The revised rules after the success of Demons Souls sees Dark Souls taking place in a much more open environment, with bonfires acting as manual checkpoints. Upon death (which if you haven’t gathered by now, will be frequent) you will restart at the last bonfire you lit, as opposed to travelling to the beginning of the level. However, resting at a bonfire will bring all enemies formerly defeated back to life, and so players must err on the side of caution when choosing their checkpoint: you may have just defeated a hard enemy and don’t wish to bring it back to life, but do you think you’ll be able to last until the next bonfire without dying?
A new aspect added in Dark Souls is Humanity, a feature that can be a little confusing until you begin to understand its usefulness. Humanity can be collected in a number of ways – killing bosses or purchasing from merchants being those you’ll find early-on – but its limited availability is a clue as to how useful it is. One of the most important functions is being able to use Humanity to kindle bonfires, increasing the quantity of your Est Flask, which restores a small portion of your health. Of course, with Humanity being so vital an ingredient to success, Dark Souls isn’t just going to let you run around with it in your pocket; upon death all Humnaity collected will be lost. Players can regain their Humanity by returning to the point at which they died and touching the bloodstain that appears in place of their corpse, but dying again before doing so means it’s lost forever.
In terms of technical prowess, Dark Souls is arguably on the back foot. The weakest aspect of the game is surely its visuals, as while the landscape is elegantly designed and the view often stretches for miles, there’s no arguing that the textures are often muddy and the animation is somewhat clunky throughout the game. It’s not a weakness that many players will pick-up on, as it’s not really what Dark Souls is about, but it’s never going to win any awards for the visual or audio design. The stronger technical development is its online play, which echoes Demons Souls in that players can interact with one another without leaving their own game. Of course, there is also the co-operative gameplay, in which one player can be summoned to another’s game in order to help defeat a powerful enemy, however it’s the less traditional aspects of online gaming that make Dark Souls memorable.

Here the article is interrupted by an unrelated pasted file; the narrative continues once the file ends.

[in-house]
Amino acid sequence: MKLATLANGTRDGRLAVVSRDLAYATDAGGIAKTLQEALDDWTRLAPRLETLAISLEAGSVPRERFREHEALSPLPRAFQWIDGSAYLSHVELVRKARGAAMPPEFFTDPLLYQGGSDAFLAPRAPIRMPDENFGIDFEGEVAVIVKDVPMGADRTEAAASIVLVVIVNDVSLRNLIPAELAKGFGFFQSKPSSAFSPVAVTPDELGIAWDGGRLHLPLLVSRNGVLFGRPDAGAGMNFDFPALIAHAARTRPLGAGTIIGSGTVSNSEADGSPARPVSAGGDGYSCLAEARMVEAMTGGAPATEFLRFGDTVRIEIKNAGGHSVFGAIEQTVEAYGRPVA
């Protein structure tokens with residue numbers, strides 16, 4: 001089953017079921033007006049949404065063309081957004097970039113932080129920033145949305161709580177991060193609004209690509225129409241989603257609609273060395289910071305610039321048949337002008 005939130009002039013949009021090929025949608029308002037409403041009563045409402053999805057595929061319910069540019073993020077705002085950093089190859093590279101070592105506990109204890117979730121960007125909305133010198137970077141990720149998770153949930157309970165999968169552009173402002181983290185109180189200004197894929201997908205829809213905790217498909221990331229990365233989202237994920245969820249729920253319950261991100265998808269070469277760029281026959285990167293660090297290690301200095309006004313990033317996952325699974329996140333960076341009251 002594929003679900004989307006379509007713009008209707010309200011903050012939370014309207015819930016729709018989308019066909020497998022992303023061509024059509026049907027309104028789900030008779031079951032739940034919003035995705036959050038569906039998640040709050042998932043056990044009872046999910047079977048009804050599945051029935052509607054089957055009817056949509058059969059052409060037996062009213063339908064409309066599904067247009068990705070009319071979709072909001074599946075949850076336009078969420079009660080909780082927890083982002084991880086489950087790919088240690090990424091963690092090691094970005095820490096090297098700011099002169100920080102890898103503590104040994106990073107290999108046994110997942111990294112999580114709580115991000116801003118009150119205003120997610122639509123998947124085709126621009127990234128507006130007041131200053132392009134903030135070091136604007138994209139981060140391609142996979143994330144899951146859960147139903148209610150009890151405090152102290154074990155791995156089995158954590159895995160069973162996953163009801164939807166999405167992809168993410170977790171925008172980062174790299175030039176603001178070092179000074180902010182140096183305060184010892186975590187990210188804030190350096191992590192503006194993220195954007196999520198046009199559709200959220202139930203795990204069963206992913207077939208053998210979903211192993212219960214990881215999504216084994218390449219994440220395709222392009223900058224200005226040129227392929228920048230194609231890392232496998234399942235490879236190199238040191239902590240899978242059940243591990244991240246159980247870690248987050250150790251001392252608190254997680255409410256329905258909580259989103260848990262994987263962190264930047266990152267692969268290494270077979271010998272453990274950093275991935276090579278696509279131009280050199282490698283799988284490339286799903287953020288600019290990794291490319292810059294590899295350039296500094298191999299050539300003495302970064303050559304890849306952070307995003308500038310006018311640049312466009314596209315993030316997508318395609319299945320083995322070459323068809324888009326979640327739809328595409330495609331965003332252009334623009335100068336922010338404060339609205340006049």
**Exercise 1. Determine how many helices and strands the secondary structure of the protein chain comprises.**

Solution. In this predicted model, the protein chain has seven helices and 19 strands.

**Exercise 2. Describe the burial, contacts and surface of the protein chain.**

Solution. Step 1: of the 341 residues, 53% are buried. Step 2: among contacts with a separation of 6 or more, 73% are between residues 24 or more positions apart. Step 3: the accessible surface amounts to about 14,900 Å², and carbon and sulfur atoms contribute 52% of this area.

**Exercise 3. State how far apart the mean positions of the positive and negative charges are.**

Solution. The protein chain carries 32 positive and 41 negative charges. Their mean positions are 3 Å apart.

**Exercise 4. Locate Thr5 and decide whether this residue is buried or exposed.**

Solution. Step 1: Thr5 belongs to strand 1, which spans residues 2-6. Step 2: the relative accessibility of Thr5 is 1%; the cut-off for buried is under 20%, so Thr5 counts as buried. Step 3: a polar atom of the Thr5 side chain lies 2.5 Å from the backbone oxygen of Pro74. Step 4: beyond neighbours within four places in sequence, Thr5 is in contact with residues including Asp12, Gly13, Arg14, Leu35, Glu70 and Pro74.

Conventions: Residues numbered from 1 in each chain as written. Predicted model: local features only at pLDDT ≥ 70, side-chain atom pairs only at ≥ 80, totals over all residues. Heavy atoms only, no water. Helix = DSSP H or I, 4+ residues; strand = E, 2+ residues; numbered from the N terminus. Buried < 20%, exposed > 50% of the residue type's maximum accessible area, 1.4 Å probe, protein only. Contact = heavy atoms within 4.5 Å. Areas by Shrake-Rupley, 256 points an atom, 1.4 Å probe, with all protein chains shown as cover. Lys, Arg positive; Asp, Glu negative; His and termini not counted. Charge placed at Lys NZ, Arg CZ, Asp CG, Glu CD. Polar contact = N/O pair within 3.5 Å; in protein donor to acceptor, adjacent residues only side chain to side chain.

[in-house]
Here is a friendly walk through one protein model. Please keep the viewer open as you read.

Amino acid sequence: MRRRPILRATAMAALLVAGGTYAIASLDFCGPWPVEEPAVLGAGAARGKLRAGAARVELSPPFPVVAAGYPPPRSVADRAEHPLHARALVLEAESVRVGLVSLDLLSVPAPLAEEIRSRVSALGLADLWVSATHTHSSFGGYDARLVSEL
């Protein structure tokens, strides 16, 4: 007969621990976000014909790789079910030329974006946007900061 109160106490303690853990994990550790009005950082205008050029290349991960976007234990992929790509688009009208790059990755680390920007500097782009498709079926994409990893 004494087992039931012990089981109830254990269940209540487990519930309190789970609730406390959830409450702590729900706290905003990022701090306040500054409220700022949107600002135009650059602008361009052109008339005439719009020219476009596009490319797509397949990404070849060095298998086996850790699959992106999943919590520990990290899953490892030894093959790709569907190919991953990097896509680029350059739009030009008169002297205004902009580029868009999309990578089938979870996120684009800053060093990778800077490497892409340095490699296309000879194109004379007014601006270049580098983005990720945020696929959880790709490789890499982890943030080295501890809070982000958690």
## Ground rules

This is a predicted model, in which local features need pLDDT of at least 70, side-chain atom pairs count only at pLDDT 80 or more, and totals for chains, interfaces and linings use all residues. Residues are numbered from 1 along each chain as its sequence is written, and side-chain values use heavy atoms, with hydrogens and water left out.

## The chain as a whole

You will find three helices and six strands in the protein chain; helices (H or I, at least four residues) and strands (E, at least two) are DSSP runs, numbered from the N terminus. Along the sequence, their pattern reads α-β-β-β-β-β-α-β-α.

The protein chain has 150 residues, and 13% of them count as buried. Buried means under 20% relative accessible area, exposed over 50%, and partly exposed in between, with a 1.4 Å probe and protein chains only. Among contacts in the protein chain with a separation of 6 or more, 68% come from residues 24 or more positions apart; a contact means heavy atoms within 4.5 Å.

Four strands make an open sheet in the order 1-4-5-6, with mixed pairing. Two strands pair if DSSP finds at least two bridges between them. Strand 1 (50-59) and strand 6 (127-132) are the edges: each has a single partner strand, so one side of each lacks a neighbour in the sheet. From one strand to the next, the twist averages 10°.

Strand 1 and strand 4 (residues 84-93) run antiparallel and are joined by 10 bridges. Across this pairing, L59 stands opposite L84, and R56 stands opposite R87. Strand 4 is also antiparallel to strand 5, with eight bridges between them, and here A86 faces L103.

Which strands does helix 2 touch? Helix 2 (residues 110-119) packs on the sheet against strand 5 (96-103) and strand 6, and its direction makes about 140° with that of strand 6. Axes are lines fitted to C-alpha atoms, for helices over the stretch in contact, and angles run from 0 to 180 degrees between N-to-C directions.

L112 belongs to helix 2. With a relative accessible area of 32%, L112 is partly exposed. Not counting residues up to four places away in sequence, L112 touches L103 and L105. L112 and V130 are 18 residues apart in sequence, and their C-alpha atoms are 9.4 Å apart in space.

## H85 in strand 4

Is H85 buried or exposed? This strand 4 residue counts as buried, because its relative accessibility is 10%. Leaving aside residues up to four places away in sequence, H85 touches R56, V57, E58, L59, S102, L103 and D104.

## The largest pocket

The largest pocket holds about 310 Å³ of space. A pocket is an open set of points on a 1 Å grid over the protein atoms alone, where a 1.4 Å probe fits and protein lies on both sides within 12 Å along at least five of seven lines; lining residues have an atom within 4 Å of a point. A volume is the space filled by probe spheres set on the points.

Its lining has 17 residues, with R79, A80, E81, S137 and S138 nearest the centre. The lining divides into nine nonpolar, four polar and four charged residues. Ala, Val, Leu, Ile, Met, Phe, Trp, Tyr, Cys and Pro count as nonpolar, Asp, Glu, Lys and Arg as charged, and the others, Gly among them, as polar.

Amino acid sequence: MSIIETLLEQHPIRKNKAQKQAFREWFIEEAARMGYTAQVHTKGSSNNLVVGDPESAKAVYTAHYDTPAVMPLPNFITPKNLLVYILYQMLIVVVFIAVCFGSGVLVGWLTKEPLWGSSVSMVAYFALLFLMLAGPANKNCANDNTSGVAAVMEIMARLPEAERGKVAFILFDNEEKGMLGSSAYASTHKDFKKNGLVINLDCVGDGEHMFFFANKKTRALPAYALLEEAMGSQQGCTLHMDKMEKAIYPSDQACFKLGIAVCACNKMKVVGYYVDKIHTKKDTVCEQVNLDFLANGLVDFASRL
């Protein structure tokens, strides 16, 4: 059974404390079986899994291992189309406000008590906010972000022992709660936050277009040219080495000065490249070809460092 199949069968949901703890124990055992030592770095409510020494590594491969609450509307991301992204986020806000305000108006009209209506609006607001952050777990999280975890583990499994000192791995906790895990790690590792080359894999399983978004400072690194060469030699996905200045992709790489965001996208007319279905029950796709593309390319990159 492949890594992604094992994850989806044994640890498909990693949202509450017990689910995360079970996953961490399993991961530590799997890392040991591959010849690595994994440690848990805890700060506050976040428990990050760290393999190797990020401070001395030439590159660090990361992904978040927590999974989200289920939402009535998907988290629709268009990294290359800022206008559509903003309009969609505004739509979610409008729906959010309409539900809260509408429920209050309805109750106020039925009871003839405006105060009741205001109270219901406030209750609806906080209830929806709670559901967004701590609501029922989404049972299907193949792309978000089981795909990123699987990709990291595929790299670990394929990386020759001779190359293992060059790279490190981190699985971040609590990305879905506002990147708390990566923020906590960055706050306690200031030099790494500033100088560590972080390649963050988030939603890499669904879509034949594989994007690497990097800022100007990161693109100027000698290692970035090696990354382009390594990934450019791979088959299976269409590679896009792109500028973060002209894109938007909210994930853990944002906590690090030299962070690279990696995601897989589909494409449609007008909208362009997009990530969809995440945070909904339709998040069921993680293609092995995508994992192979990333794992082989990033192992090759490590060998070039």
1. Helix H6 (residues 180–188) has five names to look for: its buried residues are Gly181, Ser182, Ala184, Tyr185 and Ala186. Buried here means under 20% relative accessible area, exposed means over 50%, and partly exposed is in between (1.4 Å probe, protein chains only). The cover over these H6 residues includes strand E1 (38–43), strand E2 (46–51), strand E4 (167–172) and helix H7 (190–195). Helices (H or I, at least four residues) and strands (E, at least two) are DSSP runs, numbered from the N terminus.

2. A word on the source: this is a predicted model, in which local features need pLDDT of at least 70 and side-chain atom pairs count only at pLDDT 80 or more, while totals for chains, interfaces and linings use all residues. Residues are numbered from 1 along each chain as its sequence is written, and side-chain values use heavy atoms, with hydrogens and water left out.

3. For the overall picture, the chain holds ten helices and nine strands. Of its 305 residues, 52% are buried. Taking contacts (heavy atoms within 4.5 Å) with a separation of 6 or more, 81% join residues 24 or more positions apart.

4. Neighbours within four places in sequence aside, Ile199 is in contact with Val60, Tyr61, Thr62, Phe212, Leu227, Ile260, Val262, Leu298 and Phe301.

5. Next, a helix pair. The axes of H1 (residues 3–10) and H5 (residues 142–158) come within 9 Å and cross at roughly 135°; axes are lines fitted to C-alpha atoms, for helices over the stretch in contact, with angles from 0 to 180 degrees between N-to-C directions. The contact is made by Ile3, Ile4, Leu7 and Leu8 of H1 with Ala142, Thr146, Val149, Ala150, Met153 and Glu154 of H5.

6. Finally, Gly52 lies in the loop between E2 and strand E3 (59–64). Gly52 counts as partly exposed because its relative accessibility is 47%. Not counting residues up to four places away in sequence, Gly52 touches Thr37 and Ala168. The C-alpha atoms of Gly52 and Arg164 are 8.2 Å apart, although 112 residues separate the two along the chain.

There are many reasons that Dark Souls will be recognised as a success, and first-and-foremost will surely be that throughout the extensive campaign, every corner turned feels like a new challenge. Every enemy felled is a success. It’s a videogame experience that grips the player and doesn’t let go, despite the additional investment that may be required as players break their controls in a fury of anger. Should Dark Souls prove to be the commercial success it deserves to it will surely be responsible for the ushering of a new era for videogame development: one in which publishers are no longer scared to take risks on videogames targeted at the core gamer not just in their themes, but in their delivery also.